Historically, in the west at least, mention of physicians serving aboard naval vessels goes back to the Greek poet Homer. The Roman navy is believed to have paid its surgeons double the army rate in order to encourage their service in the less prestigious military arm. During the late middle ages, the Italian maritime republics routinely posted surgeons aboard ships, and during the Crusades, naval surgeons established shore based facilities for the care of injured and sick sailors. Medical Officers of Genoa and Venice were responsible for issuing health certificates to sailors of these navies; these officers also established port quarantine (from Italian quarantina giorni–”forty days”) procedures for prevention of imported contagion, especially the plague.

In the modern era, the Spanish and French were early to adopt standing naval medical establishments, maintaining naval hospitals in colonial territories. While the British Royal Navy had surgeons aboard ships from the 15th century, they did not form what might be recognized as a formal medical corps until 1805, when for the first time, surgeons of the Royal Navy were granted rank similar to other military officers, and a distinguishing uniform.

From the beginning, U S navy regulations specified a unique uniform for medical officers, but they were not granted rank-equivalence with their line officers until around the time of World War I. Prior to that, medical ranks were Assistant Surgeon, Passed Assistant Surgeon, Surgeon, Medical Inspector and Medical Director. At the time of Medical Corps formation, the prescribed uniform feature that designated a medical officer was a strip of cobalt color between the rank-identifying gold sleeve bands:   (here the rank of Medical Inspector, equivalent to Commander).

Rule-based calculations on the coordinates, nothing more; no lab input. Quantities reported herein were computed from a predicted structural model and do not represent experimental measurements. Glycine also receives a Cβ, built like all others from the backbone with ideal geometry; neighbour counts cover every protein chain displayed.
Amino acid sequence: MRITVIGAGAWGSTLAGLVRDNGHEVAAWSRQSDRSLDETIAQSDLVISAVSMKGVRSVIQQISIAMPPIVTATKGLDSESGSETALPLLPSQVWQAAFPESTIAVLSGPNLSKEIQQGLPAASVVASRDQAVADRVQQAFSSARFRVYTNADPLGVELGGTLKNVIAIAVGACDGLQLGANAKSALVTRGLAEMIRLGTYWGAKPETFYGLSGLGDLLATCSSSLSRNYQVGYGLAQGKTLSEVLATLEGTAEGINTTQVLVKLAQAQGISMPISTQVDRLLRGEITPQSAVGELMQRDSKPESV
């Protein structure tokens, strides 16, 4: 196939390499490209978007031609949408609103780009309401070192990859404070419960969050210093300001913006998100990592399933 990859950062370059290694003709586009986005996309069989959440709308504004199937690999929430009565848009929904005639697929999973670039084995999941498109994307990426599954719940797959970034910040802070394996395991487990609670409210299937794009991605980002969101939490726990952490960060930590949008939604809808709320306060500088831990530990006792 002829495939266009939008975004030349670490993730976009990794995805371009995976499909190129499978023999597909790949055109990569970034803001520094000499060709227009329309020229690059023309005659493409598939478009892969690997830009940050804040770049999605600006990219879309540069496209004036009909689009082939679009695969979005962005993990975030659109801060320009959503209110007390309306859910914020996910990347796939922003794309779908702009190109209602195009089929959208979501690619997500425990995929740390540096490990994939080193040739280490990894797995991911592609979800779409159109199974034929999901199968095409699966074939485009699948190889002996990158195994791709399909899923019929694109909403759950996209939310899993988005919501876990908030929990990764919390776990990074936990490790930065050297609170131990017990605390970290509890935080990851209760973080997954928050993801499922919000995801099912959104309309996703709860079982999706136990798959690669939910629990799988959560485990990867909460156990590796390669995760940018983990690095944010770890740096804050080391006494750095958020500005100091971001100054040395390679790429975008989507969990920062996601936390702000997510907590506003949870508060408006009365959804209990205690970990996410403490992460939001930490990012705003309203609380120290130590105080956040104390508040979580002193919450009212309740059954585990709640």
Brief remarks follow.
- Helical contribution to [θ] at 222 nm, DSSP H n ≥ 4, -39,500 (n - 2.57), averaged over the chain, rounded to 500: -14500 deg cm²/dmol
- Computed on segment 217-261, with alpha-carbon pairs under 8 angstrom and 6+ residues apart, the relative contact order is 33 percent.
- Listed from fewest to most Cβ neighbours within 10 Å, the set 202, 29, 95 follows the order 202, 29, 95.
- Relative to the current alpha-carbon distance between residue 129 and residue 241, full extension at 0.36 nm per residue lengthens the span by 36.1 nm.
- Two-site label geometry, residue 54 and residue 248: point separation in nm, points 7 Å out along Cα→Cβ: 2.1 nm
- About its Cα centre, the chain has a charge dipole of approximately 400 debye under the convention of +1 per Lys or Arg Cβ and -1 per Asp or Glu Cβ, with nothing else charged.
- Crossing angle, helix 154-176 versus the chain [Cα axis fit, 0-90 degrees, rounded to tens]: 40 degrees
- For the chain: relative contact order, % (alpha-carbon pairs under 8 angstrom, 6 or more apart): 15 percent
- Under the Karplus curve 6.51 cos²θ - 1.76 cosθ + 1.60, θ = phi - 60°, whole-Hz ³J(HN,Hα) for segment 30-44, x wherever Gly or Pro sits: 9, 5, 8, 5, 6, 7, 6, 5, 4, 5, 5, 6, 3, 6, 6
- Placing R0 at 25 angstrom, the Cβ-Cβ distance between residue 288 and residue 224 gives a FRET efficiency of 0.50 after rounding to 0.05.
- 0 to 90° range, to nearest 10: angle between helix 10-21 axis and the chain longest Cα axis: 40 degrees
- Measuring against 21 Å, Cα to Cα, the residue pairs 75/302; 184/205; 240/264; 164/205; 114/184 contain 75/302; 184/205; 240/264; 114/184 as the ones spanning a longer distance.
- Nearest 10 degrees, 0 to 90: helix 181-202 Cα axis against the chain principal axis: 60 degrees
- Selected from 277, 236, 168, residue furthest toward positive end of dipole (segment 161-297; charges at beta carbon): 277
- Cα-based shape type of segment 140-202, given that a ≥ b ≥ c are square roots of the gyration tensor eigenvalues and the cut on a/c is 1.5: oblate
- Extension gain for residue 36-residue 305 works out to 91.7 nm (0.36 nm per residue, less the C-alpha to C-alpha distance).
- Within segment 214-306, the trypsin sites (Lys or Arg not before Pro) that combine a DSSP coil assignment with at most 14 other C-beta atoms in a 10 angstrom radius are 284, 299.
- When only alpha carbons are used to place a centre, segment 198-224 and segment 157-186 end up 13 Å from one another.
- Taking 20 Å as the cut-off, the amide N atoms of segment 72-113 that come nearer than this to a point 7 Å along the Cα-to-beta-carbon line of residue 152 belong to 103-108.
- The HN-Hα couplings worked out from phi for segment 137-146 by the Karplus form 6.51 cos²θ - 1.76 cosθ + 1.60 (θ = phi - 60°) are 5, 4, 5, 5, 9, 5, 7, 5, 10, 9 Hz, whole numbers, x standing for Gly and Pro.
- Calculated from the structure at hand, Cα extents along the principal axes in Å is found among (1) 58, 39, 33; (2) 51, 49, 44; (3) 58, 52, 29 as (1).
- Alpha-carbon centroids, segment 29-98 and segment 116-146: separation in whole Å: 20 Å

Today the unique designator for a U S Navy doctor is the acorn-on-an-oak-leaf –  – a symbol of obscure origin instituted by Naval Regulations in 1897.

©2012 Thomas L Snyder

Vallejo Community Hospital – Navy Medicine’s WW II Involvement in Civilian Facilities

When I first went to work for the Kaiser-Permanente medical care program in 1982, I performed outpatient procedures – at the Kaiser facility in Vallejo CA – in a cantonment-style hospital built during World War II. Naturally, there’s a story here.(1)